Chronicle Live Music Venue Guide


Hole in the Wall


Photo outside of Hole in the Wall.
photograph by John Carrico

The Hole in the Wall has always been here and isn't going anywhere. It's a classic wood-paneled storefront dive, fixed at the upper reaches of the Drag at 26th and Guadalupe, that has provided grounds fit for stomping to some of Austin's greatest musical acts -- from singer-songwriters to punk rockers. This live music venue, in the same way as Antone's and the Broken Spoke, is a keystone in the foundation of the Austin music scene.

The Hole has been around since the summer of 1974, and just this past August was bought by longtime employee and talent buyer Debbie Rombach. The main room is small, dispersing about half the building's 194-person capacity between barstools, tables, and much scattered standing room. Considering the bands that regularly play the Hole -- bands like the Pocket FishRmen, Bigfoot Chester, Slobberbone, and the Orange Mothers -- the main room is also loud. There's a back room full of pool tables and video games that offers some respite if the noise or the crowd gets too thick, but you've paid your $3, and you're there to rock, so the best plan is to stake out your space and hang on to it for the duration.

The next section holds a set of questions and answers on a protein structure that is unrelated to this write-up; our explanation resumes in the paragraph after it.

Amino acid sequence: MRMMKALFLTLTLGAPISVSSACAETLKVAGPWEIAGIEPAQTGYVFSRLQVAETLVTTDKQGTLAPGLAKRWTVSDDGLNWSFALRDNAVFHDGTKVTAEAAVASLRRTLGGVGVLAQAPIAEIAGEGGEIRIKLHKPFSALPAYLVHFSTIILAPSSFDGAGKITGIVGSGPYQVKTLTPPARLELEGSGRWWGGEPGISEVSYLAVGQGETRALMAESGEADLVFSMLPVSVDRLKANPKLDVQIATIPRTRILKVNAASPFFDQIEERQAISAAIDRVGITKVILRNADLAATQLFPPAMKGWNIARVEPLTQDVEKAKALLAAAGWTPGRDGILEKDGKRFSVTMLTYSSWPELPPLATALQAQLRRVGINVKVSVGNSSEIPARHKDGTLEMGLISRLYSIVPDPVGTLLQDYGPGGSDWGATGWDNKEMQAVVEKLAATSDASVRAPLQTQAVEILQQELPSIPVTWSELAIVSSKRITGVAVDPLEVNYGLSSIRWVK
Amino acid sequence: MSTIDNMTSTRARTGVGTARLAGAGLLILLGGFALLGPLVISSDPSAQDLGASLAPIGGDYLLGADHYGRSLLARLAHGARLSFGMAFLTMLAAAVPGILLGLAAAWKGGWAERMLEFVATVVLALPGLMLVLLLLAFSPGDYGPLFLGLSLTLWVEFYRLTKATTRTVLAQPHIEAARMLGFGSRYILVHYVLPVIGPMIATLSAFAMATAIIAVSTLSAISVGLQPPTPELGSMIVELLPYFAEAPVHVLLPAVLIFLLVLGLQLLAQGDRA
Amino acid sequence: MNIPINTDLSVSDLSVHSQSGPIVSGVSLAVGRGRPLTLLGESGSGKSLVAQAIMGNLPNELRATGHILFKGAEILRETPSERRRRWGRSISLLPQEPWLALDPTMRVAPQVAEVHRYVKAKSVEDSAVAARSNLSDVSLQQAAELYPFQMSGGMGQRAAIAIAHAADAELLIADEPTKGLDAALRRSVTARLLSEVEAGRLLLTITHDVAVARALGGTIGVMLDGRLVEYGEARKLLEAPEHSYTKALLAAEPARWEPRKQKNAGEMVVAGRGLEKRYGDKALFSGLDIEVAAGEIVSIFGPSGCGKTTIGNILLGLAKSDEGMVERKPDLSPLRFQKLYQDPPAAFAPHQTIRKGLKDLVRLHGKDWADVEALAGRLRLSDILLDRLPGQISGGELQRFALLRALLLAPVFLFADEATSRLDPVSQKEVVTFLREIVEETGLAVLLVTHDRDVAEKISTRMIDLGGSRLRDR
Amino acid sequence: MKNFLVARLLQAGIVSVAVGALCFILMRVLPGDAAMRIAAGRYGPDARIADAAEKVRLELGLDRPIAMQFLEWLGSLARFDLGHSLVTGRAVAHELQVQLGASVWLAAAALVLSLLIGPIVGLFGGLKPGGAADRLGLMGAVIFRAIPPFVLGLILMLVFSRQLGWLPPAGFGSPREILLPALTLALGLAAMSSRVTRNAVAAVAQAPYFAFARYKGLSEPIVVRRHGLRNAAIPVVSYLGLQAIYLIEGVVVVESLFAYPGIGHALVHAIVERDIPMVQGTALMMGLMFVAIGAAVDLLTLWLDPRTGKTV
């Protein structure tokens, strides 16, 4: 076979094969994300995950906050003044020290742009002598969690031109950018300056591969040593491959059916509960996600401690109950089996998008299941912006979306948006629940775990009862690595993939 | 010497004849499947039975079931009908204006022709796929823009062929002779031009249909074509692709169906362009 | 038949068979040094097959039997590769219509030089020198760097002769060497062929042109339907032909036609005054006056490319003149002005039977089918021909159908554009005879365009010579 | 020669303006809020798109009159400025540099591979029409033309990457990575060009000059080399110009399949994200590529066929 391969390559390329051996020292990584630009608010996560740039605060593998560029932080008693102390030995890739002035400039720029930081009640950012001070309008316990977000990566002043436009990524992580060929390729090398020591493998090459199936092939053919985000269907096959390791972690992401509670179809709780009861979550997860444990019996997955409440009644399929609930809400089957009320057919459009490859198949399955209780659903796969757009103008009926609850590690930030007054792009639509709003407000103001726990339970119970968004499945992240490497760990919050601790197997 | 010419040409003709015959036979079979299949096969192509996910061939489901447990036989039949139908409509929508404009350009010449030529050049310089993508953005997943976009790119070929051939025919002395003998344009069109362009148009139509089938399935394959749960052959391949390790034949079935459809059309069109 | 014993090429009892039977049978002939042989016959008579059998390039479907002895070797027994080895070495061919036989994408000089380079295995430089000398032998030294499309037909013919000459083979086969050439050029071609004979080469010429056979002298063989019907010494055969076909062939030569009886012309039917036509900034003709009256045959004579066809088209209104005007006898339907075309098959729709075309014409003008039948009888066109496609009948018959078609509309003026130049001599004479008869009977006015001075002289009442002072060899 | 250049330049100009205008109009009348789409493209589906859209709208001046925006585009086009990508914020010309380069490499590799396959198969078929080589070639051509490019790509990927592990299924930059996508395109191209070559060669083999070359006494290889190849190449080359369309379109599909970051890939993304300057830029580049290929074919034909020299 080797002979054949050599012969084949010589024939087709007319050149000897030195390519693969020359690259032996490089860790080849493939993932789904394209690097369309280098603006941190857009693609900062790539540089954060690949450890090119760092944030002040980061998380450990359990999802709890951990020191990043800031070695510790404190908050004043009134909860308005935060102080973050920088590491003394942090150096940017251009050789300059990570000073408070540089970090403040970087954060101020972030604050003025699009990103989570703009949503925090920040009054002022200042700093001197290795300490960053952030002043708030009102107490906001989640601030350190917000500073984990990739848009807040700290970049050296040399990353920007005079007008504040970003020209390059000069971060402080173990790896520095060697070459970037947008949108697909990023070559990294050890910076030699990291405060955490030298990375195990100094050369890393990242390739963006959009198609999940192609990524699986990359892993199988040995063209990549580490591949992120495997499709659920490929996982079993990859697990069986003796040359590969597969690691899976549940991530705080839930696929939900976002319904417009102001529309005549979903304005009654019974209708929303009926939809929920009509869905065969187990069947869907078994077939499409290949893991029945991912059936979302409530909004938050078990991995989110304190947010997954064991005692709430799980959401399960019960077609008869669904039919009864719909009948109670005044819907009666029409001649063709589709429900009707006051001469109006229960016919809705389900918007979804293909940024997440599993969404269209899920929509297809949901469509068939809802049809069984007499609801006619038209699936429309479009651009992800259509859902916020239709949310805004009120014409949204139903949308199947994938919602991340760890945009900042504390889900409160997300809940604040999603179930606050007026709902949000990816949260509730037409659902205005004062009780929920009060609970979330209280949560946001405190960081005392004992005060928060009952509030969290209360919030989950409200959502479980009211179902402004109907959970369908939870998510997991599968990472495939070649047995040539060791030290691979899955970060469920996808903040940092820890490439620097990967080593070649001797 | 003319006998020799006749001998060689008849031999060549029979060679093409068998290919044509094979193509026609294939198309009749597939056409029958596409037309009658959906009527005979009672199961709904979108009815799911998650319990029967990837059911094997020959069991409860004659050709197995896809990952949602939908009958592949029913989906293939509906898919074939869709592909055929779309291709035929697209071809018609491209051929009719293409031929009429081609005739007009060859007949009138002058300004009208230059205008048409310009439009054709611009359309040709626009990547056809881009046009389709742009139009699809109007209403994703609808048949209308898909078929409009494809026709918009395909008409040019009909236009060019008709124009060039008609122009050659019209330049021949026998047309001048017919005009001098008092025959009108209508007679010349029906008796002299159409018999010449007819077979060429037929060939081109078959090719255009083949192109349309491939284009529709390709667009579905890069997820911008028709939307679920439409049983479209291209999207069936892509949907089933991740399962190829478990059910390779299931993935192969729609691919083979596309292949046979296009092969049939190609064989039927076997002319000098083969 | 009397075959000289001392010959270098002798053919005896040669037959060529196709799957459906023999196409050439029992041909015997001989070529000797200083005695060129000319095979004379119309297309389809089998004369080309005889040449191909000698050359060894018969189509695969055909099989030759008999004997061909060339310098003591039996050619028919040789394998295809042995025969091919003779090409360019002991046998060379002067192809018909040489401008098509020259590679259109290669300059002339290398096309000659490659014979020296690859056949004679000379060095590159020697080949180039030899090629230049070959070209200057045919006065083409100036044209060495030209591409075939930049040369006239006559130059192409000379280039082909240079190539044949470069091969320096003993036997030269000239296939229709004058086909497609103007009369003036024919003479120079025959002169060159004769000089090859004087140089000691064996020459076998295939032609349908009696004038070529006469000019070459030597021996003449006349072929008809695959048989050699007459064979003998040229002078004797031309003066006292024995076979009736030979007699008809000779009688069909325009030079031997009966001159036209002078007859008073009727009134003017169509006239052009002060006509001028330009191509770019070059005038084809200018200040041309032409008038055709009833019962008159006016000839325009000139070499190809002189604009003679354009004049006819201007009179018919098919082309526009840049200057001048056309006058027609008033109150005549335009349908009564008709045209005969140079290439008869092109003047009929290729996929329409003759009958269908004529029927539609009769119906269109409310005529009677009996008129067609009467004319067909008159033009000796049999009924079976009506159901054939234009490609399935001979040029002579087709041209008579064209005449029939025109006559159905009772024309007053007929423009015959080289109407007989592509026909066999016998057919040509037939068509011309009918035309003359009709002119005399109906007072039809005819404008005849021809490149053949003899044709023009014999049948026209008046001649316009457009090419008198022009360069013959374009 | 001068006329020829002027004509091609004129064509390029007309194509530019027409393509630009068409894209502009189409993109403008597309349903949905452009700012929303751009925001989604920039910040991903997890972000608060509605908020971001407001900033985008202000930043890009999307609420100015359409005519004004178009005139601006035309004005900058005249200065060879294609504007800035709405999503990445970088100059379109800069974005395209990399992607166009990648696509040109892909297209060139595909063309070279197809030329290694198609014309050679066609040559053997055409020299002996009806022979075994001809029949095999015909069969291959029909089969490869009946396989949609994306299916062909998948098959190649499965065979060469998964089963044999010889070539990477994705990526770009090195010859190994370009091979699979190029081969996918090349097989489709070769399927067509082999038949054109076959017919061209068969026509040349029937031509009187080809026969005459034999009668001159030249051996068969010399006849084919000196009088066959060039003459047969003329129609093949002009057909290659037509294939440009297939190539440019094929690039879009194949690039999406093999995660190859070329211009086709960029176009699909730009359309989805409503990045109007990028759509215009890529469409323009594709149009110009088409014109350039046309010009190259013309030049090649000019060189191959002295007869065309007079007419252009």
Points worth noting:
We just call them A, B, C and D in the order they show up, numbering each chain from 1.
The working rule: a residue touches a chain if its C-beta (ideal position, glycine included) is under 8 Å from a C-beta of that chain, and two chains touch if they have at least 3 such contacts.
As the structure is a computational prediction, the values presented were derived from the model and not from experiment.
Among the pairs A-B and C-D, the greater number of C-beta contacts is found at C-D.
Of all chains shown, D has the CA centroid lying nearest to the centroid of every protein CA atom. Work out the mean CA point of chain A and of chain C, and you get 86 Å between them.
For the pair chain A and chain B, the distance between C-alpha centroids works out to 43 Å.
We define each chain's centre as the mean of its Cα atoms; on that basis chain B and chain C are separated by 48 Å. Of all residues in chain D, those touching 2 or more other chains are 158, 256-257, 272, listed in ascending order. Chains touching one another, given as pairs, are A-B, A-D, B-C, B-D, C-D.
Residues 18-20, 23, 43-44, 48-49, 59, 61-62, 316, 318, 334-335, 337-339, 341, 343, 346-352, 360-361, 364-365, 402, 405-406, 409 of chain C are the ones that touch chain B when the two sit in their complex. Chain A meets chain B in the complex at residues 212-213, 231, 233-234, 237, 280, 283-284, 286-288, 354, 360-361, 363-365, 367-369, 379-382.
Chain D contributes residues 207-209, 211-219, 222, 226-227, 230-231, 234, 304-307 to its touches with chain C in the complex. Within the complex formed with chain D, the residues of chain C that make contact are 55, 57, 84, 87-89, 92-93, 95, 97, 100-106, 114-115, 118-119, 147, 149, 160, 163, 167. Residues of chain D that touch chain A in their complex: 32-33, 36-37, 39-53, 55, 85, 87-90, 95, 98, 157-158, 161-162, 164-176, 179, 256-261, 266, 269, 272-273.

In addition to the shows scheduled from week to week, a couple of regular Hole in the Wall gigs are fast becoming local institutions in themselves. On Sunday nights, the Rock & Roll Free-for-All -- so called because there's never a cover -- offers a rotating lineup of anywhere from four to eight local bands. Superego, mainstay of the lineup and musical vehicle for event organizer Paul Minor, lays claim to one of the most solid weekly gigs in Austin as Free-for-All headliners. For those with hangovers from the night previous, Mondays at the Hole feature "Unplug This," an acoustic forum for local musicians to strut their stuff in a quieter setting.

What makes the Hole home for so many fans of live music is the same thing that makes it home (in a more consistent sense) for the droves of regulars who occupy the barstools most of the day and well into the night; it's a comfortable, friendly joint where you can say what you want and drink what you want and hear some good conversation and great music for a small amount of dough.

--Christopher Hess